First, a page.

Davis gives O's powerful push Righthanded logjam could inspire trade

On baseball

January 11, 1991|By Jim Henneman

There's no doubt the trade for Glenn Davis gives the Orioles the power hitter they've been looking for, but it also raises a few questions.

The most logical is: "Where do they go from here?" The present makeup of the roster indicates an overload at some positions and dictates a decidedly unbalanced lineup.

Anybody planning to run down home runs during the last year of Memorial Stadium's big-league existence should plan on spending a lot of time in the leftfield area. The Orioles' lineup is filled with righthanded hitters, leading to speculation that there is more trade activity to come.

Is a deal in the works?

What will manager Frank Robinson do with three first basemen?

Will Davis, Randy Milligan or possibly even David Segui be asked play the outfield?

How does the acquisition of Davis affect Dwight Evans?

Who replaces Pete Harnisch in the starting rotation?

Are the Orioles taking too much of a gamble, trading two pitchers from a staff that is far from proven for a player who may be here only one year?

It is safe to say the Orioles did not trade for Davis to set up other deals. But, it is obvious they are now in a position to do so if they desire.

News of the Davis trade had hardly circulated before it was reported that the Detroit Tigers had a "trade in place" for Mickey Tettleton if free-agent catcher Mike Heath signs with another team as expected.

The Orioles reportedly would receive righthanded pitcher Jeff Robinson, a hard thrower who was Detroit's No. 2 starter before an arm injury sidelined him last year. The hangup in this potential trade is that Tettleton, as part of his rights for accepting arbitration and passing up free agency, cannot be traded without his permission before June 15.

General manager Roland Hemond confirmed that he has had talks with the Tigers, although he wouldn't mention names. Club president Larry Lucchino, in discussing the various ramifications the trade for Davis, admitted it could have a domino effect on Chris Hoiles, a catcher and potential designated hitter. "What do you do with him, unless you catch him?" asked Lucchino.

When asked about a possible trade with Detroit involving Tettleton, Lucchino would only say "no comment."

Trading Tettleton would give the righthanded-hitting Hoiles a more clearly defined role, but would only further imbalance the Orioles' lineup. The switch-hitting Tettleton and Sam Horn represent all of the Orioles' lefthanded power in a lineup that suddenly doesn't have many openings.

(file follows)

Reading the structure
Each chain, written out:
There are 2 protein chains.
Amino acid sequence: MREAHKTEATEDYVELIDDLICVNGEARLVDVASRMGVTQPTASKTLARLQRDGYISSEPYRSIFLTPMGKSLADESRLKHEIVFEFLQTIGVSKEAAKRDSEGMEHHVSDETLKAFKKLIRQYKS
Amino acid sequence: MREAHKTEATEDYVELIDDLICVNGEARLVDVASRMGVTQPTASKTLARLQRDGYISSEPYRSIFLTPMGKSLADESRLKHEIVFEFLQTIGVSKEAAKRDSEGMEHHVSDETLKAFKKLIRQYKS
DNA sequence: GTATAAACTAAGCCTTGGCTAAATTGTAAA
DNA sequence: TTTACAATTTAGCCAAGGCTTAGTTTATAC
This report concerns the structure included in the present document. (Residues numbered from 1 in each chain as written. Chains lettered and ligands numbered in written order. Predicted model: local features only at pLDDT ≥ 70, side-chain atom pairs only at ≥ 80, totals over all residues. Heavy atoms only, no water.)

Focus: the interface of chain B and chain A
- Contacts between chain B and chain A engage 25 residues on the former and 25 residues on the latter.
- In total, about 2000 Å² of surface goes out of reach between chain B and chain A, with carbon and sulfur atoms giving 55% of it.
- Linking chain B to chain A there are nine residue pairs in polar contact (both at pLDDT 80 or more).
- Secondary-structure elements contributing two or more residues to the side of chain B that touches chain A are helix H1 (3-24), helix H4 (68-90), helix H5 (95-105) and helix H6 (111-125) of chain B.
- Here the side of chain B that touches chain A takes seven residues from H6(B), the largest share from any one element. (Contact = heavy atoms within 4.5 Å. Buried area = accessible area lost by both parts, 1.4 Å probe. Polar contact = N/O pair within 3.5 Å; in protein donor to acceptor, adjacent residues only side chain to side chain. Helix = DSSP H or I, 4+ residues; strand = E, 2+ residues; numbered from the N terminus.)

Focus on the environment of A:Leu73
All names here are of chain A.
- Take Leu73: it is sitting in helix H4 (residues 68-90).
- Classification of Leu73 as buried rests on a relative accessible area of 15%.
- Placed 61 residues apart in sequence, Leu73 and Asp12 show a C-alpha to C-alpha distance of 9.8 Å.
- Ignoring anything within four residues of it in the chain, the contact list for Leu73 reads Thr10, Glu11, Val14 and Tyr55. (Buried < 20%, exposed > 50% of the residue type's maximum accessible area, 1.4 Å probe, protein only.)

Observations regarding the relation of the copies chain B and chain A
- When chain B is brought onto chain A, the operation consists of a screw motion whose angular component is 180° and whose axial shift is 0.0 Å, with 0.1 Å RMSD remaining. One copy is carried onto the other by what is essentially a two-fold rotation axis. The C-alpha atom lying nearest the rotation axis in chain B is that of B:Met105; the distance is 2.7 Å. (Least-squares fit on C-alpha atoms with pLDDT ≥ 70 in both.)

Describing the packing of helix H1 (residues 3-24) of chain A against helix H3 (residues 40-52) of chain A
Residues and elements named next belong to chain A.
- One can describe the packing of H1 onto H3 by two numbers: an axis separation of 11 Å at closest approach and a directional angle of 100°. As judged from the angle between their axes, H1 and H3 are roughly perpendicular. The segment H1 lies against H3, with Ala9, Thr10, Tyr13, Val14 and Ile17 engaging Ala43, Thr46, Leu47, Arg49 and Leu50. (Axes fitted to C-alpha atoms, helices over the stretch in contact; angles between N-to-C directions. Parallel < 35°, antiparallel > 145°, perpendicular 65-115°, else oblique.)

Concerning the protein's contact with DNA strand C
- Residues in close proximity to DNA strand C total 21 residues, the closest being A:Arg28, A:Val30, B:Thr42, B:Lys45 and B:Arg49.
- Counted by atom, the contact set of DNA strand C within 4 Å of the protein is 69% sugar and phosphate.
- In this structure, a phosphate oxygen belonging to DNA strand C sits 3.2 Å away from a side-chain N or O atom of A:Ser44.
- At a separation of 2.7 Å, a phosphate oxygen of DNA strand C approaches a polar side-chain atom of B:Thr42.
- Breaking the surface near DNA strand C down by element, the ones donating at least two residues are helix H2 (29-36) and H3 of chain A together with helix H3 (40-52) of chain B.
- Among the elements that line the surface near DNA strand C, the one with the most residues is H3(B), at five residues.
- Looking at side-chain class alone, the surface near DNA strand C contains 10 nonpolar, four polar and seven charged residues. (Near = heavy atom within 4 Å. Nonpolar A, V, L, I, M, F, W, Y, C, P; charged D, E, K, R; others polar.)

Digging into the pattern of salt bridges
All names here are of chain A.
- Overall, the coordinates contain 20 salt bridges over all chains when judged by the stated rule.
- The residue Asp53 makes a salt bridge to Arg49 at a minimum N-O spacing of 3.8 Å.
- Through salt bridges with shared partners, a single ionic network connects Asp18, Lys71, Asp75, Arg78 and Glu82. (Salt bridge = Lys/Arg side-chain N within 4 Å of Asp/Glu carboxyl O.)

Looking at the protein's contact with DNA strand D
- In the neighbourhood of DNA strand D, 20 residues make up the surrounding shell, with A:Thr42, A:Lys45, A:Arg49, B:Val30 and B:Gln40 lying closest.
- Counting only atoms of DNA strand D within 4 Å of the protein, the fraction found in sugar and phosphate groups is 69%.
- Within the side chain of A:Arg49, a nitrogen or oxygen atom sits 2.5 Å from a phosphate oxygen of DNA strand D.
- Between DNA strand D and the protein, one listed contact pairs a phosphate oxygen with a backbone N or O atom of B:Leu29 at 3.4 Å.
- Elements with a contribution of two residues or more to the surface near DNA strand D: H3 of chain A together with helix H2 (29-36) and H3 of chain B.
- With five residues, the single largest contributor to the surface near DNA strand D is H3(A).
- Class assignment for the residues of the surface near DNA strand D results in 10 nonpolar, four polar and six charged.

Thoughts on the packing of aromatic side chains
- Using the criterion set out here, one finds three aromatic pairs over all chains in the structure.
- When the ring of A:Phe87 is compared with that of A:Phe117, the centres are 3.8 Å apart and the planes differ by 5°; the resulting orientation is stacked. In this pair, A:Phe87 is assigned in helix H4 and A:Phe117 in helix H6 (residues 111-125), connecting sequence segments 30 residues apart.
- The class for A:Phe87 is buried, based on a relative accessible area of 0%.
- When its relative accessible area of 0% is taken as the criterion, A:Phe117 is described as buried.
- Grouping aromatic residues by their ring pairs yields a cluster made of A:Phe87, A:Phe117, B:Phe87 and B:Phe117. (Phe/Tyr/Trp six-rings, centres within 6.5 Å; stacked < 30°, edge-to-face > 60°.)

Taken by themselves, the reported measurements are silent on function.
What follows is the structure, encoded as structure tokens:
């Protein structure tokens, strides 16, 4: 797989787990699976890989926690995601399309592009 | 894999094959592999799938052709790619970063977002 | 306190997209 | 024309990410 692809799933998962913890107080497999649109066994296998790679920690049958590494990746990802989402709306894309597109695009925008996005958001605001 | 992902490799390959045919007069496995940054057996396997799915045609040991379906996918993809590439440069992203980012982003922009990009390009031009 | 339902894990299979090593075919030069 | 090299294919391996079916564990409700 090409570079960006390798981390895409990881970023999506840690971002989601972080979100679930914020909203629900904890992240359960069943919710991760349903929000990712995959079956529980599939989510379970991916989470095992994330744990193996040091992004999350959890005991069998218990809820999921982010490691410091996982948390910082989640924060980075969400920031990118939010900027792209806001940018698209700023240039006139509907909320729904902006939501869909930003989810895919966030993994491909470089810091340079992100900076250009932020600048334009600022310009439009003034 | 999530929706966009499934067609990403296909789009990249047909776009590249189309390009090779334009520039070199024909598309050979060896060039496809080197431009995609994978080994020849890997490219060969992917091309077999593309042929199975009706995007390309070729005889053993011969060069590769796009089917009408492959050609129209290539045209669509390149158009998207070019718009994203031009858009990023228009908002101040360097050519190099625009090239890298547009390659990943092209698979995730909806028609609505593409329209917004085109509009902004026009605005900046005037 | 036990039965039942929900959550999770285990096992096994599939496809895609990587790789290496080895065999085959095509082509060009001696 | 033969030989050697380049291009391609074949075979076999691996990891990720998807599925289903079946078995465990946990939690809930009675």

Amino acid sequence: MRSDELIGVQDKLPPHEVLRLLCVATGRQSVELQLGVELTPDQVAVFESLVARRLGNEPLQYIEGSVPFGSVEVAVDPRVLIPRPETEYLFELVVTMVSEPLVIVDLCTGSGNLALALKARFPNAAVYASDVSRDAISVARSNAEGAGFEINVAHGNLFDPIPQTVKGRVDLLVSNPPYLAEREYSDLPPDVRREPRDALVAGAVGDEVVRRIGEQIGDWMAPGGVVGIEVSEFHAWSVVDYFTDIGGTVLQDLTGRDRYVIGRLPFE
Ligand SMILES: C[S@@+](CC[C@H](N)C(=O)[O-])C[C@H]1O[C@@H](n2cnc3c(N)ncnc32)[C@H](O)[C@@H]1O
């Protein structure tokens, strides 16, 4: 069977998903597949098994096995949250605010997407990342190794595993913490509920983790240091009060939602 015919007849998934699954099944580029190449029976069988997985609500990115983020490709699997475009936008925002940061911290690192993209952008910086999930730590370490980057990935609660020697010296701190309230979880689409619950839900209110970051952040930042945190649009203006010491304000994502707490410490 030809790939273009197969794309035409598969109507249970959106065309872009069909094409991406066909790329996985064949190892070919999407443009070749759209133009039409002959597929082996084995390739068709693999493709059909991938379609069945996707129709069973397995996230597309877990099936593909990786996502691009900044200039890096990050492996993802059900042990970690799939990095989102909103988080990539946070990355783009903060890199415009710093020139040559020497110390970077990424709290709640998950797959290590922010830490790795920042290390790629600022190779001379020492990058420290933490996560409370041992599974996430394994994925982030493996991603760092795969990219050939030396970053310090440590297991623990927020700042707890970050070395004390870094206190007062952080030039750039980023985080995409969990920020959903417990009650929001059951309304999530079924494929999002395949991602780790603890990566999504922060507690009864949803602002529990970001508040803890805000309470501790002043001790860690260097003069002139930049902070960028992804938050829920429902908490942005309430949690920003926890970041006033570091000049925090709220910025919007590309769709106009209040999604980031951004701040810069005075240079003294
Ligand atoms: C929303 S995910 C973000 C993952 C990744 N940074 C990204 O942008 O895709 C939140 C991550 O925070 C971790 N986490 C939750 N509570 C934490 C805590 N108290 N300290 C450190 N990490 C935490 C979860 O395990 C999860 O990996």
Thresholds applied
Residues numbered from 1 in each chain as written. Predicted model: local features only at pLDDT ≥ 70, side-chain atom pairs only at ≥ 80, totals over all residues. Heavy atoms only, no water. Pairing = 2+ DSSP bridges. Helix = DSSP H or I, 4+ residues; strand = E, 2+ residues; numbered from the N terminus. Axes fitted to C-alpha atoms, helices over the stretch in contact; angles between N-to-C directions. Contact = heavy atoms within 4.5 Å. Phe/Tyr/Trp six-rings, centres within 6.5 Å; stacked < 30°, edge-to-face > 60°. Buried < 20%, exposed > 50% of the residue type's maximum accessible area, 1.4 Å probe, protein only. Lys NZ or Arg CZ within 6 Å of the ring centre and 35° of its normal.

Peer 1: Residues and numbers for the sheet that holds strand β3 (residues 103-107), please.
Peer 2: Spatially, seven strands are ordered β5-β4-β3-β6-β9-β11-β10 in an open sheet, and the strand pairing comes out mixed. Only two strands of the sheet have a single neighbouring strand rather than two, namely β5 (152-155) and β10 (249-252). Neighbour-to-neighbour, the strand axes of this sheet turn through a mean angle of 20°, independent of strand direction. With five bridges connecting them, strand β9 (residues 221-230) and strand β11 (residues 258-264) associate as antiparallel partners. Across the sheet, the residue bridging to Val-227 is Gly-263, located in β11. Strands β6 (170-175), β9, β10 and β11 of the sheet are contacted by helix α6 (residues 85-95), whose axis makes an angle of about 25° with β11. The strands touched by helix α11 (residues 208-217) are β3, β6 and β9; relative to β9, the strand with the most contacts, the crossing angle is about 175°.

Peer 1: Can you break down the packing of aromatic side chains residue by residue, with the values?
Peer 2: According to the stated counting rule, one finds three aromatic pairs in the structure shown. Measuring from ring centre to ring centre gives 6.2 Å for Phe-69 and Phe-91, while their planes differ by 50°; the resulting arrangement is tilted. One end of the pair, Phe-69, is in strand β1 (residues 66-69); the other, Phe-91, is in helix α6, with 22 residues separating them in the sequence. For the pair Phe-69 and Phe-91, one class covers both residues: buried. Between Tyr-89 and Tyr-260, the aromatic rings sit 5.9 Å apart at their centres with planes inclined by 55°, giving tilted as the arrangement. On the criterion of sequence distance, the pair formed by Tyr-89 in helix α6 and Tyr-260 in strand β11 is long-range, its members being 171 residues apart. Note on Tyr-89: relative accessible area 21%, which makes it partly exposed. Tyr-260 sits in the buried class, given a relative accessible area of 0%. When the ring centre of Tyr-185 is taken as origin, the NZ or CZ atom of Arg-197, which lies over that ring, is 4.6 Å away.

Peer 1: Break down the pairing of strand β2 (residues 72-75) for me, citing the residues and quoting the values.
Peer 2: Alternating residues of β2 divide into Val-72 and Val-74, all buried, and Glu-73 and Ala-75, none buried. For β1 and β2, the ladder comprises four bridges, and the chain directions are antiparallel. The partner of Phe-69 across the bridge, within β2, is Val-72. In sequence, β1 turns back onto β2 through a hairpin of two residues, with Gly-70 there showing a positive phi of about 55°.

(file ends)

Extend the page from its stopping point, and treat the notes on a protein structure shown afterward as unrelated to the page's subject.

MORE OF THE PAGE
Robinson is unconcerned about the overload of righthanded hitters. "I'd rather have it that way than the other [lefthanded] way," he said. He was referring to the fact that, for whatever reason, righthanded hitters traditionally have been least affected the platoon system.

As far as the three first basemen go, Robinson dismissed the congestion by saying it "will be up to me to find at-bats and playing time for them." Segui is considered one of the organization's top prospects, but he hasn't had the benefit of a full year at Triple A because he was rushed to the big leagues when Milligan was hurt a year ago.

Robinson said the subject hasn't been discussed, but it doesn't take a genius to figure the Orioles will do some experimenting in leftfield next season if the current roster remains intact. There are people in the organization who feel Segui, despite his slowness afoot, could adapt the easiest because he has good hands and defensive instincts. Others say that Milligan could make the adjustment.

Davis is yet another possibility, even though it hasn't been discussed and he undoubtedly would prefer to remain at first base. "A lot of people don't know it, but I played a couple of years in the minor leagues in the outfield and played well," he said. "I made an all-star team and I played in the outfield in my first 10 games in the big leagues," he said.

"I've worked hard to make myself a first baseman [he led the National League in fielding in 1988], but I think I can still play the outfield," said Davis. "I'm going to do whatever it takes to help this club, whether it be first base, the outfield, or designated hitter."

The players most directly affected by the trade could be Evans and Brady Anderson. With Finley gone, Anderson is the only true leadoff hitter left. A similar player to Finley, Anderson is bound to see more playing time if his shoulder remains sound.

As is Evans, who has expressed the desire to play in the field as much as possible. It now appears that will be as often as his 39-year-old body, and his bat, permit.

"It was always my hope to play him out there as much as I could," said Robinson.

The trade should decrease the amount of time Evans is needed as a DH and increase, at least potentially, his time in the outfield. The same also holds true for Joe Orsulak, who has had the steadiest bat on the club for three years and now figures more prominently than ever in the Orioles' lineup.

Baltimore Sun Articles
|
|
|
Please note the green-lined linked article text has been applied commercially without any involvement from our newsroom editors, reporters or any other editorial staff.